Council of Independent Colleges Historic Campus Architecture Project


Armstrong Quadrangle

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Institution Name: Colorado College
Original/Historic Place Name: Quadrangle
Location on Campus:
Date(s) of Construction:
1878original construction Cameron, Robert A.
Designer: Robert A. Cameron
Type of Place: Landscape site
Style: (Glossary)
Significance: architecture, education, history
Narrative: see below
References: see below
ca. 1878-present (2006)outdoor space

The Colorado College main quadrangle, now known as Armstrong Quad, is anchored by Cutler Hall (1878) on the west and--approximately one and one half city blocks away--by Shove Memorial Chapel on the east. Palmer Hall (1903) occupies a key site on the quad's northern boundary. Two newer buildings from the early 1960s--Tutt Library and Armstrong Hall--and a student center from 1988 complete the enclosure. One could argue that the Shove/Cutler, east-west axis ends in fact with Pikes Peak, about twenty miles to the west, because the has a major presence on campus.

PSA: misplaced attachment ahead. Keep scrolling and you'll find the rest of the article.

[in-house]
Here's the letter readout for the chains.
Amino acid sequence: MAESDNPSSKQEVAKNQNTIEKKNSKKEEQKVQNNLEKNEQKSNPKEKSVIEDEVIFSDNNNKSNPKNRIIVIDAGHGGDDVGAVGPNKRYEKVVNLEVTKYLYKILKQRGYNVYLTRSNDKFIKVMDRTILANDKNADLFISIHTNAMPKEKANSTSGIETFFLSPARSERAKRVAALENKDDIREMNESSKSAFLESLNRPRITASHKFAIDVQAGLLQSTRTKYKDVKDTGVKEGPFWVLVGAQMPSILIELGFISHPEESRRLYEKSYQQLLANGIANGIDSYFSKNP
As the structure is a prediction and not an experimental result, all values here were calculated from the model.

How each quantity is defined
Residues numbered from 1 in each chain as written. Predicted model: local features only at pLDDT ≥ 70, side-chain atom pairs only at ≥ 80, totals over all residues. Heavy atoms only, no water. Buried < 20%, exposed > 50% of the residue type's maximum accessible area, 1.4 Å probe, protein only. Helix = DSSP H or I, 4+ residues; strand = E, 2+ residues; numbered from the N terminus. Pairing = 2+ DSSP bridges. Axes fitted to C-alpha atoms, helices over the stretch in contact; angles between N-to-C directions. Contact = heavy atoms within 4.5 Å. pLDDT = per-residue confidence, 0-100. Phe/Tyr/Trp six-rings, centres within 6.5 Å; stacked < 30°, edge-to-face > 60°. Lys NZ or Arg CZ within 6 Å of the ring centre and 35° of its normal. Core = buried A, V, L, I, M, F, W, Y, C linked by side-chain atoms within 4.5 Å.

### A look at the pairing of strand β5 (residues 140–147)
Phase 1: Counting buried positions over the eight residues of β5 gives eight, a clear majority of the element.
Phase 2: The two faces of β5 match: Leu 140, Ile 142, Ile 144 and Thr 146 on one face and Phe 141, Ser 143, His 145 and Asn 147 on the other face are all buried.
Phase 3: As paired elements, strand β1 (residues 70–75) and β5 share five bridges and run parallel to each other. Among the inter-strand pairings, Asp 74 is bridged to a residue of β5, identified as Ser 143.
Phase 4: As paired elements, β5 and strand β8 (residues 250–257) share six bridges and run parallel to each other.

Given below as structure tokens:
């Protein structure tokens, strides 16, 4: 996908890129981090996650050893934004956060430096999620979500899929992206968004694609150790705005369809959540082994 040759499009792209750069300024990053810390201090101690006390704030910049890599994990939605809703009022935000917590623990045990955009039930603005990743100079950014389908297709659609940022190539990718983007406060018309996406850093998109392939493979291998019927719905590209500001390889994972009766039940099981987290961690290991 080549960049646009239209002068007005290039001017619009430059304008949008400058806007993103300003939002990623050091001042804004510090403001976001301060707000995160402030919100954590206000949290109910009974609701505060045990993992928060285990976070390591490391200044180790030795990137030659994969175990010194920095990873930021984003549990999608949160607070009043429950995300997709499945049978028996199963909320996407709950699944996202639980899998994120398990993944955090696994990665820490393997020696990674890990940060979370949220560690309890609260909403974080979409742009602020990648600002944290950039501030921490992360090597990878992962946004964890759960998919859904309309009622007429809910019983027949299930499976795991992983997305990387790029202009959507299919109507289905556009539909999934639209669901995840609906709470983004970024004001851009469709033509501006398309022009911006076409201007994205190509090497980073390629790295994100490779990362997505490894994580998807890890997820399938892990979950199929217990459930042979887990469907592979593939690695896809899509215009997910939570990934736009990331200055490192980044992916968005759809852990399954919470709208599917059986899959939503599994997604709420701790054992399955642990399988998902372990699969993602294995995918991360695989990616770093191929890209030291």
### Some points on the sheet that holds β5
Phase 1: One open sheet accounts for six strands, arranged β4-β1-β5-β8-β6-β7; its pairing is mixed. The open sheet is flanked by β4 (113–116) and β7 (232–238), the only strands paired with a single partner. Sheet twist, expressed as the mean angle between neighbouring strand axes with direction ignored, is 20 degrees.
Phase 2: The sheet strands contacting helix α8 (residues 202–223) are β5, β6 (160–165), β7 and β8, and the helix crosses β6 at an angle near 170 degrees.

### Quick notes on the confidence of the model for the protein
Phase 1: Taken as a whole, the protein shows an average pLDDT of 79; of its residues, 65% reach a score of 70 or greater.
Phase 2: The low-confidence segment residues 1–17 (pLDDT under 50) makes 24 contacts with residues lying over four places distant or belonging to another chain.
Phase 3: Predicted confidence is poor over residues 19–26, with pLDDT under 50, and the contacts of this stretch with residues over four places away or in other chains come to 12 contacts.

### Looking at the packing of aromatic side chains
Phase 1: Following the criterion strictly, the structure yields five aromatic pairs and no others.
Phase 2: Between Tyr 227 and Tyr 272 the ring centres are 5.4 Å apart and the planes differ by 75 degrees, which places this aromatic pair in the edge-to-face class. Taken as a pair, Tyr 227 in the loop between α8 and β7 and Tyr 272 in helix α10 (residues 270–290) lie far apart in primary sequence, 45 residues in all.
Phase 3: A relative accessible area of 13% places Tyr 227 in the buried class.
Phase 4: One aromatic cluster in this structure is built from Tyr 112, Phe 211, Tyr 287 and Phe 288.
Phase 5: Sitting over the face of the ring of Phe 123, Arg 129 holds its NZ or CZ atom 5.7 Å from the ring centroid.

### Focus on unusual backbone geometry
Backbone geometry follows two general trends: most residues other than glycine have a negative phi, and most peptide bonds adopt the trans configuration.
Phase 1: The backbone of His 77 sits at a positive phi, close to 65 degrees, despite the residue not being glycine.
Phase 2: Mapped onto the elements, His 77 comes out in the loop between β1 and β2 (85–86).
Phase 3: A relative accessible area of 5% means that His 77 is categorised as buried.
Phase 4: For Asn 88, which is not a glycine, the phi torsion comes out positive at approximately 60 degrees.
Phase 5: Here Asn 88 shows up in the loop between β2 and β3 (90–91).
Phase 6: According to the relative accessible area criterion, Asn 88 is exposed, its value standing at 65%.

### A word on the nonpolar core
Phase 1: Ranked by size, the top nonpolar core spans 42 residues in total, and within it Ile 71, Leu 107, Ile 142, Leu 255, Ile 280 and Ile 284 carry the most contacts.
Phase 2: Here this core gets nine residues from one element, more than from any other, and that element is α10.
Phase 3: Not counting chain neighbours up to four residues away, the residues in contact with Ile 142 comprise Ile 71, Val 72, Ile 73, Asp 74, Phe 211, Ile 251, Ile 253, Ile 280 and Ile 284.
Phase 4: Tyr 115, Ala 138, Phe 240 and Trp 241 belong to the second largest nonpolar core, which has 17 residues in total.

The quadrangle's axial development was part of the initial campus plan from the late 1870s and relates to General William Jackson Palmer's formal concepts for the design of Colorado Springs. Palmer was the founder of the city and a major benefactor of Colorado College in its early days. He donated twenty acres north of downtown as a "college reservation" because he believed a college was a necessary feature of an affluent, cosmopolitan community. He sought to emulate design models from the East coast and Europe, which he believed to be the standard.

After 125 years the quadrangle retains its essential form, although modern intrusions and haphazard landscaping have compromised its original simplicity and purity. An extension to Tutt Library penetrates the quadrangle on its northern edge. Similarly, the original Cutler Hall driveway crescent has been shortened to accommodate a student center built in 1988. Fortunately, the gravel paths of the early campus are largely extant. On the other hand, post-World War II construction (Tutt Library, Armstrong Hall, Worner Center) includes concrete walkways and building aprons totally at odds with the more rustic, pastoral gravel walks. Recapturing the quadrangle's original design will be a major challenge for the college.


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